The Global Financial Crisis: Analysis and Policy Implications
LIBRARY OF CONGRESS WASHINGTON DC CONGRESSIONAL RESEARCH SERVICE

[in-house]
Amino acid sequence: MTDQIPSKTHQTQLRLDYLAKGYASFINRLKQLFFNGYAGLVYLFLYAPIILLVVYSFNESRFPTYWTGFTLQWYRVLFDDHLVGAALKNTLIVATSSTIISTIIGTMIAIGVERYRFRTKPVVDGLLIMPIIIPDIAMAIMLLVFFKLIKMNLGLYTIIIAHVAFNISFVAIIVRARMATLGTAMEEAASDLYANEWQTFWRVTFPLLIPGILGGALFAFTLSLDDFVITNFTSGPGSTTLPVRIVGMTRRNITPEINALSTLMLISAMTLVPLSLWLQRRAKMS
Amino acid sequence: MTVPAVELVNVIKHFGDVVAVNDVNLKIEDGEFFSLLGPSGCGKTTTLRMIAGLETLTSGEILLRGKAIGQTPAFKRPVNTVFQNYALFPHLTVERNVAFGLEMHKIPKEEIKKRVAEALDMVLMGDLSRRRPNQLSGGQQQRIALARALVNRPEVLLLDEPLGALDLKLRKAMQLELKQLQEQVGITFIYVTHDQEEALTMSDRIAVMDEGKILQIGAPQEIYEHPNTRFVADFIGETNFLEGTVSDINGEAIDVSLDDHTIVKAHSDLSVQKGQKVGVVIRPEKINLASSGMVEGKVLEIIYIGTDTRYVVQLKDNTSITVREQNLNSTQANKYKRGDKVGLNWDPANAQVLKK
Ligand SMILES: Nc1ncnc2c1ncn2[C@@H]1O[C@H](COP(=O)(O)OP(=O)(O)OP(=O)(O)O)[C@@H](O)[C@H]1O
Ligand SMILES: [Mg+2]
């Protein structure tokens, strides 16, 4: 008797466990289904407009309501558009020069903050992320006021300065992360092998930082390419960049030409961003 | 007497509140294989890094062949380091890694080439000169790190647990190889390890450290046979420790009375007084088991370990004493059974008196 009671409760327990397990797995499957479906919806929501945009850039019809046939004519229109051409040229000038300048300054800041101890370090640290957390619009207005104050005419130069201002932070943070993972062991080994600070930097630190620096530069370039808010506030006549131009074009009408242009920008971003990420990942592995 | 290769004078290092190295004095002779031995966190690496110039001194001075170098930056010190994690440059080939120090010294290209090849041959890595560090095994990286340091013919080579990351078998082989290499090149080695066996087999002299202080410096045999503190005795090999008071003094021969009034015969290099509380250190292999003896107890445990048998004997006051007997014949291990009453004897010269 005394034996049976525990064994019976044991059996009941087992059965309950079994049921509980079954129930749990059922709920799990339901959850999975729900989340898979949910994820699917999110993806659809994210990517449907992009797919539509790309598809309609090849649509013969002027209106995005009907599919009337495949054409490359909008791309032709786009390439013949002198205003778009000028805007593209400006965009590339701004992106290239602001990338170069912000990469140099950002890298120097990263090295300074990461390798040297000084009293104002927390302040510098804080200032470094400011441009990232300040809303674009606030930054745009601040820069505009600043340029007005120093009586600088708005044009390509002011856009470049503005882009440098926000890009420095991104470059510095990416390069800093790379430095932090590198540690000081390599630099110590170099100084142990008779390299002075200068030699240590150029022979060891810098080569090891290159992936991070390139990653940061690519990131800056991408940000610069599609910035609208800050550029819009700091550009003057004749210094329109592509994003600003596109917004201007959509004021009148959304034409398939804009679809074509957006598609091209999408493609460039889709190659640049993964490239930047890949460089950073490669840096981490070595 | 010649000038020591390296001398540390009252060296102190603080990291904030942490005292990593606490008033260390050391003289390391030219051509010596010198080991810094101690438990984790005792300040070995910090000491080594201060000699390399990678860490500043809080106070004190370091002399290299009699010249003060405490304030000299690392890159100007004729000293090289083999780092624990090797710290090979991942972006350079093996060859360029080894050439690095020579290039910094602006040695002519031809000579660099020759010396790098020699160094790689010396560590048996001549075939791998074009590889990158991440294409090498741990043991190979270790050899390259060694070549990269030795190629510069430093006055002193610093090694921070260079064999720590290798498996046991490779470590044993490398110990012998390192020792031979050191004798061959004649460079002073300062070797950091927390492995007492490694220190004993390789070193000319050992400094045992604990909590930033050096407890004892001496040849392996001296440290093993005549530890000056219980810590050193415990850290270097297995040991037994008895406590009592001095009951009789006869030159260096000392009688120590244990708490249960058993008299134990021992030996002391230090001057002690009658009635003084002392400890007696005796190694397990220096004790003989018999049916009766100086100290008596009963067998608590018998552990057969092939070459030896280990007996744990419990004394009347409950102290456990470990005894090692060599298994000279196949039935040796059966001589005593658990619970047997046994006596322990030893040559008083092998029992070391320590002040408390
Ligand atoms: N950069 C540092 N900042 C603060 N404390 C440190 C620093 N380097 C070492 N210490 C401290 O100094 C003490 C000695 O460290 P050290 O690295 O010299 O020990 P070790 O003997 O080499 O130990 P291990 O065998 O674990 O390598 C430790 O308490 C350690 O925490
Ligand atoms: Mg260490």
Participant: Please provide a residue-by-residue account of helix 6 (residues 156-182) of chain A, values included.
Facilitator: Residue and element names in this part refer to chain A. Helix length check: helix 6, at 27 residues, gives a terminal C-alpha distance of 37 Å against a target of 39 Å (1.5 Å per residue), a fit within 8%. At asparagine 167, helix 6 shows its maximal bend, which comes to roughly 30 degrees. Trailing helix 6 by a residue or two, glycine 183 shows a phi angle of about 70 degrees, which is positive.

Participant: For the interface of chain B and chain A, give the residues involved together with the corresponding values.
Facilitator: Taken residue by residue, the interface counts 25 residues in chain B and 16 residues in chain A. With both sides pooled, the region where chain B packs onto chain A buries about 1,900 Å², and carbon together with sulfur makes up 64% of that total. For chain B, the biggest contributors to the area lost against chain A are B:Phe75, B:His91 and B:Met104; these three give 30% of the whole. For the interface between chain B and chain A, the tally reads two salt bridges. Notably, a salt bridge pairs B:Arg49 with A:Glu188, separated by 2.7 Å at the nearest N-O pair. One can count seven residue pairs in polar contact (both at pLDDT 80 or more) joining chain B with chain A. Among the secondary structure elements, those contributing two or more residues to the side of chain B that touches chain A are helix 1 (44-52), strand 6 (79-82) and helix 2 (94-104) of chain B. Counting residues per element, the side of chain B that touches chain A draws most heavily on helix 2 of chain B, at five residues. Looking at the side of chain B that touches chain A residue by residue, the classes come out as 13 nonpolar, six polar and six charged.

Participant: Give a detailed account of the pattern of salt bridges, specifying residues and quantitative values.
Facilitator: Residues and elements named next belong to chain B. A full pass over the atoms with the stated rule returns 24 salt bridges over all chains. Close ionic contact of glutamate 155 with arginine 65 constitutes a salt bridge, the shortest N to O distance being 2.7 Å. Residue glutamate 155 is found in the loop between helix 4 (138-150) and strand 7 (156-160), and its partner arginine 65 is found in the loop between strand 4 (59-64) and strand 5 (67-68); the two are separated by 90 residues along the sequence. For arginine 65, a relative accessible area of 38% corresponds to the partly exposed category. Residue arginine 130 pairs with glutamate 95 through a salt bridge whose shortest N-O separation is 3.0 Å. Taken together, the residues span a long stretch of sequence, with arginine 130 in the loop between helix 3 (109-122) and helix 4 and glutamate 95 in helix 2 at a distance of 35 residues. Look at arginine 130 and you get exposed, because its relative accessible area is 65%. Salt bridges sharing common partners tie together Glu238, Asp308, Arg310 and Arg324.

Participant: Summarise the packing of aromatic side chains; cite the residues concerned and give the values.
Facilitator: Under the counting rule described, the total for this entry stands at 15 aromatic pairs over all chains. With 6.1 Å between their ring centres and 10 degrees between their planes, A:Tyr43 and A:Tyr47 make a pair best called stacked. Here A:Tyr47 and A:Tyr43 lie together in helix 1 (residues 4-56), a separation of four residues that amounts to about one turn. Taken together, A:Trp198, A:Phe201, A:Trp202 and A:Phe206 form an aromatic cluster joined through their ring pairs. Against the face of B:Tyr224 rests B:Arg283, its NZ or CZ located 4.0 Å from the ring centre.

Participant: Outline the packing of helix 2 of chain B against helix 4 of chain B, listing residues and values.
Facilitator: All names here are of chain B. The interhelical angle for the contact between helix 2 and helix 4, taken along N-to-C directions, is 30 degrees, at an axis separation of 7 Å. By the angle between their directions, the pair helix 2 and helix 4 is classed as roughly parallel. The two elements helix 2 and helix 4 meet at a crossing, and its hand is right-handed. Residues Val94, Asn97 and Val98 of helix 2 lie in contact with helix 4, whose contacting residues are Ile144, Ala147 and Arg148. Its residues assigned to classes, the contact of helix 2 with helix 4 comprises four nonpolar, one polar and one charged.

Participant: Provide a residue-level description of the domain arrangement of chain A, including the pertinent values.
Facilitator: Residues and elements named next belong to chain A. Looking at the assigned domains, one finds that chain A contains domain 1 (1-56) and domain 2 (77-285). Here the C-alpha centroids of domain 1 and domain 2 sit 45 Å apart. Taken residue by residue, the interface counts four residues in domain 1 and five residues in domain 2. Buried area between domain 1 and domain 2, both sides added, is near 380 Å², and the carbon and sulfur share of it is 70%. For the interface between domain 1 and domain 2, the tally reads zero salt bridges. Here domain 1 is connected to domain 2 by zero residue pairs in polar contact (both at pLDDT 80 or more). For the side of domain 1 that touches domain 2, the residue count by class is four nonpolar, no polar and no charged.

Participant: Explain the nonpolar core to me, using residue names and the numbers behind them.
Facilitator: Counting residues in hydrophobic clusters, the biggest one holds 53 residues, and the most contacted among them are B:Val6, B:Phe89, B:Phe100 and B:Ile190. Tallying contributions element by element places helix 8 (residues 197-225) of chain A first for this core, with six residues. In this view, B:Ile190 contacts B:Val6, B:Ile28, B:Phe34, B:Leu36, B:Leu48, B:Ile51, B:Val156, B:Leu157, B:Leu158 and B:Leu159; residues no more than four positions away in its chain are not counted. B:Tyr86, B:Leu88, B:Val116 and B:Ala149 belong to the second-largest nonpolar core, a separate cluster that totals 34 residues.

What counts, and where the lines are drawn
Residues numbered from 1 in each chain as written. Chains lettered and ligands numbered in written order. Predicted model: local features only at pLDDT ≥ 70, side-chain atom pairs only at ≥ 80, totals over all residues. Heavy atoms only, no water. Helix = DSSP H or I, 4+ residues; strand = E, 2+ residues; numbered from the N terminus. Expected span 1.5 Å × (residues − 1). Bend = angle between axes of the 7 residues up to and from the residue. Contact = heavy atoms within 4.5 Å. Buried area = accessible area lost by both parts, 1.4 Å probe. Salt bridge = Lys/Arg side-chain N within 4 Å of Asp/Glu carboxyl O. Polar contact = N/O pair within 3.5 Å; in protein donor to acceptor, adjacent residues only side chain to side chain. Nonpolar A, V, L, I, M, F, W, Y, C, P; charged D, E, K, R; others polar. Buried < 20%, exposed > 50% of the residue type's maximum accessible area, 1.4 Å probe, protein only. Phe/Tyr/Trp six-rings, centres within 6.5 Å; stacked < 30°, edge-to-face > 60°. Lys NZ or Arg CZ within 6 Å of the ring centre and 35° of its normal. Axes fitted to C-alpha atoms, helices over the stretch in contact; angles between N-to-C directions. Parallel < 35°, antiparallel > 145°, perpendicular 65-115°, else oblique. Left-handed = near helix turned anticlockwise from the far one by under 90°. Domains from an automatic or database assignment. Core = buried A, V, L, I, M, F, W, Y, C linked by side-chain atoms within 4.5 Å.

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The world appears to be beginning to recover from the global recession that is causing widespread business contraction, increases in unemployment, and shrinking government revenues. Although the industrialized economies have stopped contracting, for many, unemployment is still rising. The United States likely hit bottom in June 2009, but numerous small banks and households still face huge problems in restoring their balance sheets, and unemployment has combined with sub-prime loans to keep home foreclosures at a high rate. Nearly all industrialized countries and many emerging and developing nations have announced economic stimulus andor financial sector rescue packages, such as the American Recovery and Reinvestment Act of 2009 P.L. 111-5. Several countries have resorted to borrowing from the International Monetary Fund as a last resort. The crisis has exposed fundamental weaknesses in financial systems worldwide, demonstrated how interconnected and interdependent economies are today, and has posed vexing policy dilemmas.
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